He and his lady love continue their walk after this rather pointless interruption, and they pay a visit to ‘Spanish Village,’ the Latino quarter of the city and home to Pablo.  He’s a local hero, a basketball star that the whole community was pulling for, so Barry reflects on how he dashed, not just the kid’s hopes, but the hopes of all of his people as well.  It’s then that we find out what actually happened.

The Flash visited Pablo when Iris told him she was going to write a story on the kid being called ‘the Spanish Flash.’  Being the friendly neighborhood hero that he is, Barry wants to do something for the kid, so he promises to zoom him over to Puerto Rico to visit his grandparents.  Yet, on the way, they spot a ship afire at sea.  The Scarlet Speedster leaves Pablo in what should be a safe spot and rushes to fight the flames, only to have the kid struck by falling debris while he’s busy.  The hero rescues him, but the boy suffers from shock and develops a troublesome mental black about his legs.

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So, yeah, it actually is pretty much the Flash’s fault.  His endangering the kid would seem like a more reasonable choice if Kanigher didn’t have the speedster casually mention that, if he had thought about it, he could have zipped to Puerto Rico, dropped the boy off, and been back at the ship in no-time.  Sheesh, the Silver Age Flash is ridiculous.  Anyway, mired in guilt, the hero continues to do his job, taking on a set of criminals in a helicopter and getting his hair parted by a bullet for his troubles.  And therein lies a problem with the character’s portrayal.  He can run across the world before you can blink, but he can still be hit by a bullet.  Ahh well, plot will out.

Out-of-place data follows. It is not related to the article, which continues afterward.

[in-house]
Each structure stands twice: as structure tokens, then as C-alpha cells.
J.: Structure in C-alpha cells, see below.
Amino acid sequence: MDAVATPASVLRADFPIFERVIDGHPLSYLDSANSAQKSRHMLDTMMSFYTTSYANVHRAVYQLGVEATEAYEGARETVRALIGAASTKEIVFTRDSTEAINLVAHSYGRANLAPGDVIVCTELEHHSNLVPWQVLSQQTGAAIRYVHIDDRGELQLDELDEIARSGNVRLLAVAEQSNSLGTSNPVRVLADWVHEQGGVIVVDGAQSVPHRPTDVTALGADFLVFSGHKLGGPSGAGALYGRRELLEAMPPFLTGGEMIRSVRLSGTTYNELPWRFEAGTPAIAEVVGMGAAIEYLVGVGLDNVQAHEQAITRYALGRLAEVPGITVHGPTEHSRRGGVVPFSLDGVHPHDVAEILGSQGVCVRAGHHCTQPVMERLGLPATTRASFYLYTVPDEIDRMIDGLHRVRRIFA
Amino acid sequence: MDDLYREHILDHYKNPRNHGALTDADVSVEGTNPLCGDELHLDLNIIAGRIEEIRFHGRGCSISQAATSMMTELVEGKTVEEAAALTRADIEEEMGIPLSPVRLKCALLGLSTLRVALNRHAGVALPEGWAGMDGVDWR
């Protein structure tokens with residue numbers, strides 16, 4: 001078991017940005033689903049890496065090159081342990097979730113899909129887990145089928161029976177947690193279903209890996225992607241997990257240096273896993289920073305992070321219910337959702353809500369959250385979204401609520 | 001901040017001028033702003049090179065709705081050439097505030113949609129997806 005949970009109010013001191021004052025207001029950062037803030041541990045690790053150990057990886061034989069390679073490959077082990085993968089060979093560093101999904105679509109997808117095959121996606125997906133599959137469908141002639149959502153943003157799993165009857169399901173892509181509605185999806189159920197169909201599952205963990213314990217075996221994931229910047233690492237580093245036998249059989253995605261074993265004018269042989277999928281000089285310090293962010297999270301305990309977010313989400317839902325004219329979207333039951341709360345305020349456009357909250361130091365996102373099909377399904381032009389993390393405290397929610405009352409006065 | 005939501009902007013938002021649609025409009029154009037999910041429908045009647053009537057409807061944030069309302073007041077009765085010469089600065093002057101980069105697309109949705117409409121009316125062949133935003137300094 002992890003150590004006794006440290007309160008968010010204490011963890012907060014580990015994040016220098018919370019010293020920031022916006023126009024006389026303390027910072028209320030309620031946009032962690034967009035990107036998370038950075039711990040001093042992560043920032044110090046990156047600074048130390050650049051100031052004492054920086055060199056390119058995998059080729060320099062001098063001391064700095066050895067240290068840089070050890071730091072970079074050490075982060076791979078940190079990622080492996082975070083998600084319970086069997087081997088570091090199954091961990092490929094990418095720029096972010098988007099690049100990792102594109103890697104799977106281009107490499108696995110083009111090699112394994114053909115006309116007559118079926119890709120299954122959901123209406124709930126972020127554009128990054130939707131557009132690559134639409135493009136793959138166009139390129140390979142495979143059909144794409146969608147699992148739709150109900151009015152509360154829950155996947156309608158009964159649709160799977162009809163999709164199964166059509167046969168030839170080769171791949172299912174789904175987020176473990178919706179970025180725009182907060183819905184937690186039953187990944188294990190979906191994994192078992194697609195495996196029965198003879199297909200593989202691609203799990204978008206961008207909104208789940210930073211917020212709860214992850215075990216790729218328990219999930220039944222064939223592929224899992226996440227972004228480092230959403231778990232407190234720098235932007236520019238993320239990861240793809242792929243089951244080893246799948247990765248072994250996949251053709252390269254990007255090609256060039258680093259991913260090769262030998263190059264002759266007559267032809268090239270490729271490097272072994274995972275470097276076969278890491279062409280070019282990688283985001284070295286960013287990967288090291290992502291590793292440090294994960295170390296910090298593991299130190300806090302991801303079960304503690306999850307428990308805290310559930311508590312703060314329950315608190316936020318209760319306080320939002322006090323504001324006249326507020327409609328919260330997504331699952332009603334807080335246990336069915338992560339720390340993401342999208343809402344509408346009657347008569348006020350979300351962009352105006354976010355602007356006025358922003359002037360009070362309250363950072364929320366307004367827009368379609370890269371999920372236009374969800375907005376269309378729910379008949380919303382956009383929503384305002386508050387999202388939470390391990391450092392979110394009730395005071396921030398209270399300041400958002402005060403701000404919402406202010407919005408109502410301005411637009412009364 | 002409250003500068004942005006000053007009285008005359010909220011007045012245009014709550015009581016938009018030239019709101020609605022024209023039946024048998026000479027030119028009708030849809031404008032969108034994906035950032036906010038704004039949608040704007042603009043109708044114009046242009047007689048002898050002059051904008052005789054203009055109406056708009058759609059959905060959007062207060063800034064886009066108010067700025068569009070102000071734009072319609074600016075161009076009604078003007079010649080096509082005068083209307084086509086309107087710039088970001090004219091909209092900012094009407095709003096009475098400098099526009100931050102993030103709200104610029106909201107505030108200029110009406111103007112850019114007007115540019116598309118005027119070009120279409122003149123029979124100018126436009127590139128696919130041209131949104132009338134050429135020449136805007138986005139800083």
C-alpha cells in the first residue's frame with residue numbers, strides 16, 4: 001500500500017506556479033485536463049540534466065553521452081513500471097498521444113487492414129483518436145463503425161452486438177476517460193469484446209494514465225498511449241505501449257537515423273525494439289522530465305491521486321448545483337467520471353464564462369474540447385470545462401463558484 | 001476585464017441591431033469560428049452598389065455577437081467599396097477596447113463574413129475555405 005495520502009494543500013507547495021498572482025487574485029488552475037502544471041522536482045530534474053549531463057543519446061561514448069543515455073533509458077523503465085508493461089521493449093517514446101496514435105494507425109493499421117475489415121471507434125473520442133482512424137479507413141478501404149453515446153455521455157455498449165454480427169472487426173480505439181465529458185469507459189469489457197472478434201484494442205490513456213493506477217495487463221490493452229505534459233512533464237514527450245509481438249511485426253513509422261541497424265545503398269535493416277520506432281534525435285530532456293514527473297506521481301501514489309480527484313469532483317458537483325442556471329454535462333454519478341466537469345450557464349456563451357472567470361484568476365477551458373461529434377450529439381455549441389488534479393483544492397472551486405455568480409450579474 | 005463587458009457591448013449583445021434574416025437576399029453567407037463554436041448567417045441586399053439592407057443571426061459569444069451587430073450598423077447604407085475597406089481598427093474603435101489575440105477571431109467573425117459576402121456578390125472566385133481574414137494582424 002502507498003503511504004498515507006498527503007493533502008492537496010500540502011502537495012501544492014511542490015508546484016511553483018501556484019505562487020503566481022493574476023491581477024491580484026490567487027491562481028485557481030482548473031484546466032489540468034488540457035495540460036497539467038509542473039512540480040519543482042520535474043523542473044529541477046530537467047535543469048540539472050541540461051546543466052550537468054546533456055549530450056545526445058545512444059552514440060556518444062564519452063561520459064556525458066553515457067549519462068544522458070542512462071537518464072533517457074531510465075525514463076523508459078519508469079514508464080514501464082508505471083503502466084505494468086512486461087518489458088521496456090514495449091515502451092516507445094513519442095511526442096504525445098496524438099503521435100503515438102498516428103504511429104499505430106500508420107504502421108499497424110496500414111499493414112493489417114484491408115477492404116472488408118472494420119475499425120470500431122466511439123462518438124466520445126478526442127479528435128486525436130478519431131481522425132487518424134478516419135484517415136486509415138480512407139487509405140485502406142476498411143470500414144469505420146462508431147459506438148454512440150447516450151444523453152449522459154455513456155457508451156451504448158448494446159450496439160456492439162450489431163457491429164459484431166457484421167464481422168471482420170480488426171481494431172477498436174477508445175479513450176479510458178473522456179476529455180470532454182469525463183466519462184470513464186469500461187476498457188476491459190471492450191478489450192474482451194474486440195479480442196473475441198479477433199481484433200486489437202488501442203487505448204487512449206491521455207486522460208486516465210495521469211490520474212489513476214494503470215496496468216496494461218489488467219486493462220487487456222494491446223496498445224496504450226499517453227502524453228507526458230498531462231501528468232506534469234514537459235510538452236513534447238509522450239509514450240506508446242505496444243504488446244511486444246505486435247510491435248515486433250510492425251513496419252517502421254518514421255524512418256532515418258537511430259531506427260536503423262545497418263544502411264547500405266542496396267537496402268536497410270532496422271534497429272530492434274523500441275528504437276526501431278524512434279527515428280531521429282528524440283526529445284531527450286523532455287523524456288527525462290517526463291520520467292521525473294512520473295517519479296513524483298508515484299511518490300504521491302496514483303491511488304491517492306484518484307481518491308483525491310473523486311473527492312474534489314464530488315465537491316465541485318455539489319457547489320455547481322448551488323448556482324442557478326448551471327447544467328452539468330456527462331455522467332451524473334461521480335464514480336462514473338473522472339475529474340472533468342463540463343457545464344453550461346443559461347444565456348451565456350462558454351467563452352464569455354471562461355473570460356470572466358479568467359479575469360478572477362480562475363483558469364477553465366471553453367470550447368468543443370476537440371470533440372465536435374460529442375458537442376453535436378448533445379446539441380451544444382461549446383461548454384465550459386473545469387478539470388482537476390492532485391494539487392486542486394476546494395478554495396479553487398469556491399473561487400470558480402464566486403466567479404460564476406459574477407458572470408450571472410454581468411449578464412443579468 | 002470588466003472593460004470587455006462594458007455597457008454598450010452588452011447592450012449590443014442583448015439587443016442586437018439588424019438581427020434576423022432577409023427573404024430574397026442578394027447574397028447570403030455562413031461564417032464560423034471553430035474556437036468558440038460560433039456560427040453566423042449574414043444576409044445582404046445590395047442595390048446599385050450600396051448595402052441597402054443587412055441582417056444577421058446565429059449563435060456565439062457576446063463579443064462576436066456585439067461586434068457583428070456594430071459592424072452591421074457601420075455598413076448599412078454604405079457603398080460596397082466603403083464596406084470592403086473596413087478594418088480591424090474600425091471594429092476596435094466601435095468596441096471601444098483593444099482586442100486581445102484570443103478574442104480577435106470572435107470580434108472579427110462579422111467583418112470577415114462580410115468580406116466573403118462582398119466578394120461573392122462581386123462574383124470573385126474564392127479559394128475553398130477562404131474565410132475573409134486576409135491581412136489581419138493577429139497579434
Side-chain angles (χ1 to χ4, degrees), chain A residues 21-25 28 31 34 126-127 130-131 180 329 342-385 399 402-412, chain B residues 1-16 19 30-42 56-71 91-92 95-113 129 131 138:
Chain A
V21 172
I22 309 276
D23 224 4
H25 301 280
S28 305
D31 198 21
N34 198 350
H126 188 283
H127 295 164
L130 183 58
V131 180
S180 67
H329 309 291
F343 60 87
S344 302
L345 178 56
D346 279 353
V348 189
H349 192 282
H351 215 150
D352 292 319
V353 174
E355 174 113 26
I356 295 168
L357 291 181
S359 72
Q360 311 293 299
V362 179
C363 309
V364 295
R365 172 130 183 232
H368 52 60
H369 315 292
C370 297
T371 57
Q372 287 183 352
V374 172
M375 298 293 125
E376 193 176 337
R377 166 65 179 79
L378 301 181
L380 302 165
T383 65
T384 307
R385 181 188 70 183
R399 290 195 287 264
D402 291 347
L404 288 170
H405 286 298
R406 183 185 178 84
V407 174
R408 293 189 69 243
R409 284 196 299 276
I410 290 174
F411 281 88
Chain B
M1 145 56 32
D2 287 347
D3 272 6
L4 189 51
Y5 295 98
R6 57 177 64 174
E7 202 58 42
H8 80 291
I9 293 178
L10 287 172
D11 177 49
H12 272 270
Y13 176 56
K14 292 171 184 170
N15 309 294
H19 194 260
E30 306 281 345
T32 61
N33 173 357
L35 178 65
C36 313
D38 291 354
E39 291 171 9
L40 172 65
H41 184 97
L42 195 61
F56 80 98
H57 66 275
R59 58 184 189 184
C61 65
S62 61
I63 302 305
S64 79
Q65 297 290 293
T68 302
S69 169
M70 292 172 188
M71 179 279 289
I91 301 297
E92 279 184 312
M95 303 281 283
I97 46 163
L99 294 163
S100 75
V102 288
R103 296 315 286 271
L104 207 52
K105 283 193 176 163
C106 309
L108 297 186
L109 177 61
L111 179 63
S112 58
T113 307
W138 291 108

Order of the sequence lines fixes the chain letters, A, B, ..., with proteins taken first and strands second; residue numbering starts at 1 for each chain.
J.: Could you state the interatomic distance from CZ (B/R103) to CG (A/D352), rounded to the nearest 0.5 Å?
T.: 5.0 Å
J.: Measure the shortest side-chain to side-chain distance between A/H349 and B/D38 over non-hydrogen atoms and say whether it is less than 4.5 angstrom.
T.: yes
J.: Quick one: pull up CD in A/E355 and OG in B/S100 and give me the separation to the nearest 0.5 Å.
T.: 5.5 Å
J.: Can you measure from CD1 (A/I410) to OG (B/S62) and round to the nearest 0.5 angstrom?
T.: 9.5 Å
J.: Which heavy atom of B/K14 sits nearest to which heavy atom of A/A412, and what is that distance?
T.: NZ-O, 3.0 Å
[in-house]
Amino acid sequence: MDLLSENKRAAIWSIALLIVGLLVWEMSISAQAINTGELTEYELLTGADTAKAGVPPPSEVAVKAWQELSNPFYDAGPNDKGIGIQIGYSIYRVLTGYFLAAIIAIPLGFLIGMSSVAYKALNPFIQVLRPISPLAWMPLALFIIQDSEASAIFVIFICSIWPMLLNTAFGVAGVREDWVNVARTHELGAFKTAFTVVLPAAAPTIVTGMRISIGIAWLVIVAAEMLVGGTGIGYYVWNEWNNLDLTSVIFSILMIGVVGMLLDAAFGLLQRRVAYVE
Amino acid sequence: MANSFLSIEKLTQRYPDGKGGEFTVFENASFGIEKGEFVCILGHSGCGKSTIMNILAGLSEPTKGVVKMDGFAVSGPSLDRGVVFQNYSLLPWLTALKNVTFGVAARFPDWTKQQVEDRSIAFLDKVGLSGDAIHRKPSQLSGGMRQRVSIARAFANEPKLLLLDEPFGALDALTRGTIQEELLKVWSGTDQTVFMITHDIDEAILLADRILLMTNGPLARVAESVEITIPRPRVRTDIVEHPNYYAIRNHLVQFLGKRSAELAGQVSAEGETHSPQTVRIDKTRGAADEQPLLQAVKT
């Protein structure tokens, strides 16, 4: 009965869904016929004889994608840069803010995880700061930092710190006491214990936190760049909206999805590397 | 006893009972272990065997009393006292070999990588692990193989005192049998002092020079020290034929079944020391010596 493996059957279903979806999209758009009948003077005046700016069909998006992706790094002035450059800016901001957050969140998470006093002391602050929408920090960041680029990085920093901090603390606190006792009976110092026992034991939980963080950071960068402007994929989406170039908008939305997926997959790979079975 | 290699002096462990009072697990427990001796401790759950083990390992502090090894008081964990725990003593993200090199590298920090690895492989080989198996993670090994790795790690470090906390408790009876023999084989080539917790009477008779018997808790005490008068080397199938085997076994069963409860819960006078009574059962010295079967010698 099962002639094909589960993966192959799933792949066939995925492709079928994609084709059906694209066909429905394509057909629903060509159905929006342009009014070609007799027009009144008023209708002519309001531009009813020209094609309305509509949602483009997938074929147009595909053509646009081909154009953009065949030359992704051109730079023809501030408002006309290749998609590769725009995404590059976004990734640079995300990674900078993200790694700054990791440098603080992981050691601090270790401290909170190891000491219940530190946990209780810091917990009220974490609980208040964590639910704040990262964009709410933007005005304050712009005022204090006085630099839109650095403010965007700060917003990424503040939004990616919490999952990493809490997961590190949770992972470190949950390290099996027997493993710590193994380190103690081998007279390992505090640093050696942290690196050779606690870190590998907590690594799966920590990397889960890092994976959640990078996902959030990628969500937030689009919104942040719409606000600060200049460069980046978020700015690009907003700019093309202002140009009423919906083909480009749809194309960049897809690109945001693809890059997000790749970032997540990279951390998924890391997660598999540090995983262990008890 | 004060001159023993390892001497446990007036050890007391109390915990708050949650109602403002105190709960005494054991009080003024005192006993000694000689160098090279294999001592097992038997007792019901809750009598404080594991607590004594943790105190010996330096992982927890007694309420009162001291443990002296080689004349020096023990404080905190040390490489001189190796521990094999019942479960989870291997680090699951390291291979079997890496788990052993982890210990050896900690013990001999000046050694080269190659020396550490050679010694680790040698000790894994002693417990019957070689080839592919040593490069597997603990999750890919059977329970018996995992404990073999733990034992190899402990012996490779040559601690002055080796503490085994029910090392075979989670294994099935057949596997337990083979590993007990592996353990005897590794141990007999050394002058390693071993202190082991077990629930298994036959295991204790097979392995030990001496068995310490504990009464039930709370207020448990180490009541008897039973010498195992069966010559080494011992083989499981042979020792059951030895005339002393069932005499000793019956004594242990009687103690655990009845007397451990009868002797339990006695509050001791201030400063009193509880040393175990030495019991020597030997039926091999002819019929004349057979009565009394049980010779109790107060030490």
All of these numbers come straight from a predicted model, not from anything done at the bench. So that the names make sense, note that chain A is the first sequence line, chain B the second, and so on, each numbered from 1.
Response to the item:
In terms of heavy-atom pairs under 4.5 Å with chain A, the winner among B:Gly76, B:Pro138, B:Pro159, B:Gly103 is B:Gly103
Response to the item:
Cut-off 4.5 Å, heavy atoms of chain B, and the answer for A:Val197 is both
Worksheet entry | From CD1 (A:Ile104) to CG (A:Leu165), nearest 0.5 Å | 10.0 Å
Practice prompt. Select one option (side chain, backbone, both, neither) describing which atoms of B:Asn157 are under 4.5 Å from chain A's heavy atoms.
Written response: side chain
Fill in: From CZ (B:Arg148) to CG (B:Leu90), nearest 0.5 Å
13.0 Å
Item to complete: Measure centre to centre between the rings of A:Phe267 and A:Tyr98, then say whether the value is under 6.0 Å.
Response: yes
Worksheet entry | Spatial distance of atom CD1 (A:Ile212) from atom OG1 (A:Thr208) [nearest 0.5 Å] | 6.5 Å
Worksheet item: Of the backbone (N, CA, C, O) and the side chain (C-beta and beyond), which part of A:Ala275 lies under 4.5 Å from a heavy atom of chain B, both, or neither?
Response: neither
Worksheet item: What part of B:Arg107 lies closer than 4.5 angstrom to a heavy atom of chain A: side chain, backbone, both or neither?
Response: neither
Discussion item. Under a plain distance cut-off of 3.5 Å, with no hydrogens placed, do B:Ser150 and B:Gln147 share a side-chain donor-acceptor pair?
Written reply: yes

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The bullet temporarily paralyzes the Flash, and he finds himself in the same doctor’s office as young Pablo.  Talk about awkward encounters.  Just then,there’s an explosion in the chem lab, because of course there is.  A blaze begins, and the Fastest Man Alive can’t quite live up to his name.  He encourages the kid to get out on his own, but with supreme effort, the boy picks the hero up and, together, they get to safety.  It’s actually a pretty good scene and a solid ending to the issue.